I've finished comparing the read receipts from two e-mail announcements. The first went out two weeks in advance, letting people know that a new online tool was going to launch on June 27. The second went out on June 27, telling people it was up and ready to use. Here's the time chart for the second message -- it looks very much like the first one.
Again, 60 percent of the e-mails were never opened; that's the bad news. The good news is that people who open the e-mails open them fast. Nearly 80 percent were opened on the first day; more than 90 percent by the second day; and more than 95 percent by the third day. Leaving aside the question of whether they read or absorbed the message, they did open it.
Was the reminder worth it? I think so. Here's a breakdown that shows how many people opened each message, with the percent of the total audience (1910 addressees):
- Opened the first but not the second - 223 (12%)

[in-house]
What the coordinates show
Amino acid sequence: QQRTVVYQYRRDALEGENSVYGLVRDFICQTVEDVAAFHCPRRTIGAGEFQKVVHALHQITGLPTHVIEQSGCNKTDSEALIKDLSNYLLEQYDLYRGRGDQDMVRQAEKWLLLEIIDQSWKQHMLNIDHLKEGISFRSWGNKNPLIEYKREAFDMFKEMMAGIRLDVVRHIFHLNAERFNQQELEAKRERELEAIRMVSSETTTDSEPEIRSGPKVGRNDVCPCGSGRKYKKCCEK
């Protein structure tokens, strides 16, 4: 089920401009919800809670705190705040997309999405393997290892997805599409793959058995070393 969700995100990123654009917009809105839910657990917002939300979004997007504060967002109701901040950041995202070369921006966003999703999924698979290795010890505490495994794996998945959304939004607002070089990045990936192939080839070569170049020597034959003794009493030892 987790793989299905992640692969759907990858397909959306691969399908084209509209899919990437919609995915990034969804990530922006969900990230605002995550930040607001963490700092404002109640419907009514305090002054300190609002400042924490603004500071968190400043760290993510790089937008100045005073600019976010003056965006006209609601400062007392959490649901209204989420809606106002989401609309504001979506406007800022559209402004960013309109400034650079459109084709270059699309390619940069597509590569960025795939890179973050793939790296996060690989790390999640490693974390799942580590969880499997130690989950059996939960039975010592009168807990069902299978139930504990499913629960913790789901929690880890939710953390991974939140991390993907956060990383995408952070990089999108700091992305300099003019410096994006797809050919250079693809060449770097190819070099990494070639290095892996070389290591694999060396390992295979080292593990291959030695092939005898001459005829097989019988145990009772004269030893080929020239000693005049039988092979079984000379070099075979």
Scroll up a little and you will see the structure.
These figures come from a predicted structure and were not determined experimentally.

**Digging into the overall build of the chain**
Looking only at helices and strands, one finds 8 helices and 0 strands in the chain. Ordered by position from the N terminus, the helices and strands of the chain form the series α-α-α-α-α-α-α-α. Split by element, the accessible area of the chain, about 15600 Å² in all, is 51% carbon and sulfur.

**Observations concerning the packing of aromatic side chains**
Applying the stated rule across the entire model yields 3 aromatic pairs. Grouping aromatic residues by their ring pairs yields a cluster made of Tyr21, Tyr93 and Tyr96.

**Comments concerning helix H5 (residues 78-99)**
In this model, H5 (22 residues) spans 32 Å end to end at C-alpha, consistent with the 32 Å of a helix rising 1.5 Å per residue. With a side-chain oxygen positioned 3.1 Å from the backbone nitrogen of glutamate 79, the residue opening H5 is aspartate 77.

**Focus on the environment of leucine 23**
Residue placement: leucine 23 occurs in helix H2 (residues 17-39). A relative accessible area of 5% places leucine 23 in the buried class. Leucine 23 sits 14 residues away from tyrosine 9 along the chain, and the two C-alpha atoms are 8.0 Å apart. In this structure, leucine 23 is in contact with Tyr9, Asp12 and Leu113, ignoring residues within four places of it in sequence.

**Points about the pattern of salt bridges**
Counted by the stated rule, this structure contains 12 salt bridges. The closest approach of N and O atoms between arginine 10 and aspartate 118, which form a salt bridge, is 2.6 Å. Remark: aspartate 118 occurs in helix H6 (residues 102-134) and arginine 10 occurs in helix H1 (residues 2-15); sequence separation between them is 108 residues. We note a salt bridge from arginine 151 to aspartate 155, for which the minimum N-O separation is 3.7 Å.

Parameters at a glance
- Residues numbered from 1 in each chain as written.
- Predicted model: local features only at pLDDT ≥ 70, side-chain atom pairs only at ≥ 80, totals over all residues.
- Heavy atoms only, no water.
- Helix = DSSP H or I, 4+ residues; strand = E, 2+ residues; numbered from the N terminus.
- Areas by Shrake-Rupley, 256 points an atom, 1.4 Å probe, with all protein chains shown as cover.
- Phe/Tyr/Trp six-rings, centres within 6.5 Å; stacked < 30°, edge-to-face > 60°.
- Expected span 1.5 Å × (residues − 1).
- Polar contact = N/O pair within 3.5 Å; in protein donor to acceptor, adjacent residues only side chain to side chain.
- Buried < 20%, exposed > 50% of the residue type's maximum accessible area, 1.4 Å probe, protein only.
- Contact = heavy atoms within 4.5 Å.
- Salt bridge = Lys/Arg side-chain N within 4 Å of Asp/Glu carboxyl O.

- Opened the second but not the first - 240 (13%)
- Opened both - 551 (29%)
- Total opened - 1,014 (53%)
The reminder e-mail accounted for 24 percent of the total opened e-mails.
The data shows 5 percent of the recipients deleted both messages without opening them. It may be interesting to know if they are doing that soon after the mailing -- that would indicate they just aren't taking our calls. But it's just 5 percent and there are bigger fish to fry.
I've still not absorbed the full impact of this data -- half of these e-mails are never opened. There are a couple of things that appear evident:
- It looks like this particular corporate mailbox has a lousy brand. Readers don't expect value from its messages.
- E-mail is fast, cheap and easy but it's not reaching a big segment of the population. We need to find another powerful vehicle that will appeal to the e-mail averse.
The basic data here -- e-mail never opened -- is ridiculously easy to gather. Anyone else going to try it?
I'm going to do similar experiments on mail from senior leaders to see how that changes the rate of mail opened.